Friday, September 08, 2006

"Hizbullah in the Eyes of Syrians during the War," by Hassan Hassan and Abdullah Taa`i

Hizbullah in the Eyes of Syrians during the War
Hassan Hassan and Abdullah Taa’i
Written for Syria Comment
Sept. 6, 2006

No sooner had the flags in support of the Brazilian World Cup team begun to be taken down than did Hizbullah flags start going up in streets of Damascus. The colour did not change, I hasten to add. Every car had the yellow flag and the picture of Hassan Nasrullah. Smokers carried lighters with the photo of the ‘Leader of the Resistance’. Everybody was talking cheerfully about Sheikh Nasrullah. People in front of the TV often reiterated “Verily, the party of God is the victorious’’ (A Quranic verse). The Syrian people were acting and talking as if Hizbullah were the military wing of Syria.

Astonishingly enough, there was complete harmony between the Syrian government and the people when it came to their attitude towards the war. This harmony was not enforced by the Syrian media this time. The war seemed to unite the two which is something other means could not do for a long time. Even some liberal youth and critics of the government started to say: “Let the government do whatever it likes as long as it supports our national cause. We are willing to die of hunger rather than die with humiliation.” Cutting off electricity for a long period of time and using private establishments were most welcome on the Syrian people’s part.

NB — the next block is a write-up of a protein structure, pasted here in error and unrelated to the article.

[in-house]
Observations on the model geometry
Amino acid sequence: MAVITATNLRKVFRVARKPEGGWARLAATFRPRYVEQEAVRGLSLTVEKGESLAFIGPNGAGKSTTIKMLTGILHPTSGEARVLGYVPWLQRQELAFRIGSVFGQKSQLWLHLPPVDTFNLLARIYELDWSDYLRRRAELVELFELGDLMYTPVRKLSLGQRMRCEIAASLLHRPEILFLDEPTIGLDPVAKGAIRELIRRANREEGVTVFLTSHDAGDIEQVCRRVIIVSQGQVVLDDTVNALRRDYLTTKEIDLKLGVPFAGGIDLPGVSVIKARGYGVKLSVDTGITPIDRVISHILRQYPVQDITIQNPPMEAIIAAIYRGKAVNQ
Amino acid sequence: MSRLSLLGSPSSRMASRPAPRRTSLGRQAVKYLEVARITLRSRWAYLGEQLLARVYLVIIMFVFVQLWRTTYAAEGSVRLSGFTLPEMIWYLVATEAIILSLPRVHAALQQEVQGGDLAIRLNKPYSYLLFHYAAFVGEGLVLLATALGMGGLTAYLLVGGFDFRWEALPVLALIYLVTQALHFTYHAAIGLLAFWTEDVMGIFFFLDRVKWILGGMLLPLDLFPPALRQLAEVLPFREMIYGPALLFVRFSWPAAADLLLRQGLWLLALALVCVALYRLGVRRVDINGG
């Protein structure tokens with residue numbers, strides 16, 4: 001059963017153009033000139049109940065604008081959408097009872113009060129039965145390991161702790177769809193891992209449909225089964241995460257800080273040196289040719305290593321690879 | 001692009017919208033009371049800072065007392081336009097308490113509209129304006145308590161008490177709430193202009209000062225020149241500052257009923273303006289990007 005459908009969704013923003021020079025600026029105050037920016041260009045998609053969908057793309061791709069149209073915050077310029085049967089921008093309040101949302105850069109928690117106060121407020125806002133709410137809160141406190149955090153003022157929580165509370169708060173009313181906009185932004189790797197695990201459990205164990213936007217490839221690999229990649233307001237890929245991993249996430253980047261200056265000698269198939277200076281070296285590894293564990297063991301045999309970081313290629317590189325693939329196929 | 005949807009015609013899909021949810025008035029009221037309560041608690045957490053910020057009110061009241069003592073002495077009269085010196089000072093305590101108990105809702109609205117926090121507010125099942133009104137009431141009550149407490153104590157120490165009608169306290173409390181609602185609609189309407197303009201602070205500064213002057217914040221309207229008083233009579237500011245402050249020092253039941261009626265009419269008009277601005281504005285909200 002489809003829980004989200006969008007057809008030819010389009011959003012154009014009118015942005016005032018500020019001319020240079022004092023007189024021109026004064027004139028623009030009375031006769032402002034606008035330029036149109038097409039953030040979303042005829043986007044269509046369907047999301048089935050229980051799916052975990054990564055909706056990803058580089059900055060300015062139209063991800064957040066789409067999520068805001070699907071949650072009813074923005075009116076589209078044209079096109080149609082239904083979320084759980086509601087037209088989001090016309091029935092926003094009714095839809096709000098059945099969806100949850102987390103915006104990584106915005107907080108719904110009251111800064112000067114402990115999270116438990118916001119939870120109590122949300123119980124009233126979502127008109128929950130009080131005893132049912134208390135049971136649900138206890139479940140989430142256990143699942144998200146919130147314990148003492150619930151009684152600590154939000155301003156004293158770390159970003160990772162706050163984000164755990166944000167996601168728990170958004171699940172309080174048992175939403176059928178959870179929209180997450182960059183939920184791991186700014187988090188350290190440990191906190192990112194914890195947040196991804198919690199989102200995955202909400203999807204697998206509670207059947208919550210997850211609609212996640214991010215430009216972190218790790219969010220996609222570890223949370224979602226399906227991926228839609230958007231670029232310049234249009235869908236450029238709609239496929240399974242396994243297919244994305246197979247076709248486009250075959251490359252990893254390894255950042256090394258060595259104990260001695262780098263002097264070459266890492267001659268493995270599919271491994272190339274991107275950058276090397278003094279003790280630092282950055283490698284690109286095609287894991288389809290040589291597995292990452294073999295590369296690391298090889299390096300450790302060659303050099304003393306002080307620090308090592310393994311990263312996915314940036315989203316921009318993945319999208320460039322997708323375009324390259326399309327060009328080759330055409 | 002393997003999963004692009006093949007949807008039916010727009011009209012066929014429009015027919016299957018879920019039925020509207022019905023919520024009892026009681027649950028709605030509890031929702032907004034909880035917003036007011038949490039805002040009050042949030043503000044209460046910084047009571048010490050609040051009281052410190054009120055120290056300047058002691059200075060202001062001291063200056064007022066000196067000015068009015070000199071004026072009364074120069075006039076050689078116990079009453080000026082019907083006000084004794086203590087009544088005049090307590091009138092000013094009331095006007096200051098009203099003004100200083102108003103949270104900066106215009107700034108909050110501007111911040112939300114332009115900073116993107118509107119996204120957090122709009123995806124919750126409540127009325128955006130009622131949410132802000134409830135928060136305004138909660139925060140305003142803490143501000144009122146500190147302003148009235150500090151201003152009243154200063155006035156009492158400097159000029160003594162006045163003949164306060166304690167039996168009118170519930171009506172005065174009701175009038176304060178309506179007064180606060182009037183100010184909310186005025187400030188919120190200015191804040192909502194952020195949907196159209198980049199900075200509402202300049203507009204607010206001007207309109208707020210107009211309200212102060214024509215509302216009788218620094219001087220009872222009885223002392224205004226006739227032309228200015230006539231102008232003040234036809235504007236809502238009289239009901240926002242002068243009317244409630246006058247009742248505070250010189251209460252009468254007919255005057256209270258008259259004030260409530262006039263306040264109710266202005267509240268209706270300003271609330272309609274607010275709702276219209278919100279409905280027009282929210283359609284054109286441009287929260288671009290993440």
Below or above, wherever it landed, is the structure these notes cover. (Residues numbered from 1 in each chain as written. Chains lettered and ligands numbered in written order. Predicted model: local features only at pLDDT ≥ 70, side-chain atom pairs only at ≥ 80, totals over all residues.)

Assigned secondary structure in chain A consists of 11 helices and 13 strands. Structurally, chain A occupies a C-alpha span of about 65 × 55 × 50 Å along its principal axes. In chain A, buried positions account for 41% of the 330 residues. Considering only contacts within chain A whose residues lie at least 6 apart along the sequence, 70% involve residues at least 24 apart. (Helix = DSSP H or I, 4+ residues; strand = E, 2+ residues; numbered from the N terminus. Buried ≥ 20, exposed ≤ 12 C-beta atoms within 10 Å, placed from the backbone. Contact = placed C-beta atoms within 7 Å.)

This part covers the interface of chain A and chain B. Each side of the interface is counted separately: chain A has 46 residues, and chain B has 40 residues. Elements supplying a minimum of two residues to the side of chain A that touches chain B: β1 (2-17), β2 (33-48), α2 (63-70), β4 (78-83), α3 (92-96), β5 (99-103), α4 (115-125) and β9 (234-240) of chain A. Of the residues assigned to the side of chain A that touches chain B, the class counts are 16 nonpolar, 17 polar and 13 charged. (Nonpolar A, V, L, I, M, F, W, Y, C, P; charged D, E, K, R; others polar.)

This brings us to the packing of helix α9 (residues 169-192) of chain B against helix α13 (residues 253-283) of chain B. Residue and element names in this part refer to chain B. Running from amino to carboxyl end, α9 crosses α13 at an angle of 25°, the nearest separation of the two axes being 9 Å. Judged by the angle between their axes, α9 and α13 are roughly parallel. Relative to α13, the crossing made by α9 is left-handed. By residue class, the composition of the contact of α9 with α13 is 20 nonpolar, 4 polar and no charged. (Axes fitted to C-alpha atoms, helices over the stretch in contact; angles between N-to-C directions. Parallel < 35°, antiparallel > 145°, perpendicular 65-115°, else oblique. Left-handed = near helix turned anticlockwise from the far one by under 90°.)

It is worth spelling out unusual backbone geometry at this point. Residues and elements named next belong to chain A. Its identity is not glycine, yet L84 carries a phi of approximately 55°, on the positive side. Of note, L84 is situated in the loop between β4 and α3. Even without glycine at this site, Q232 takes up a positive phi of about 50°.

You could find the influence of the war on every detail of the Syrian life: take the bus, go to hospitals, visit any public centre, talk to anybody in the street and you would be flabbergasted at how Hizbullah is idolized. The way the Syrian people were enthusiastic about the war was even more extreme than that of the government. I admit that I was taken aback by this. The vast majority of people believed that Israel would have invaded Lebanon even had Hizbullah not taken Israelis hostage or carried it its provocative cross border raid. All believed that Israel would lose is an article of faith and just a matter of time.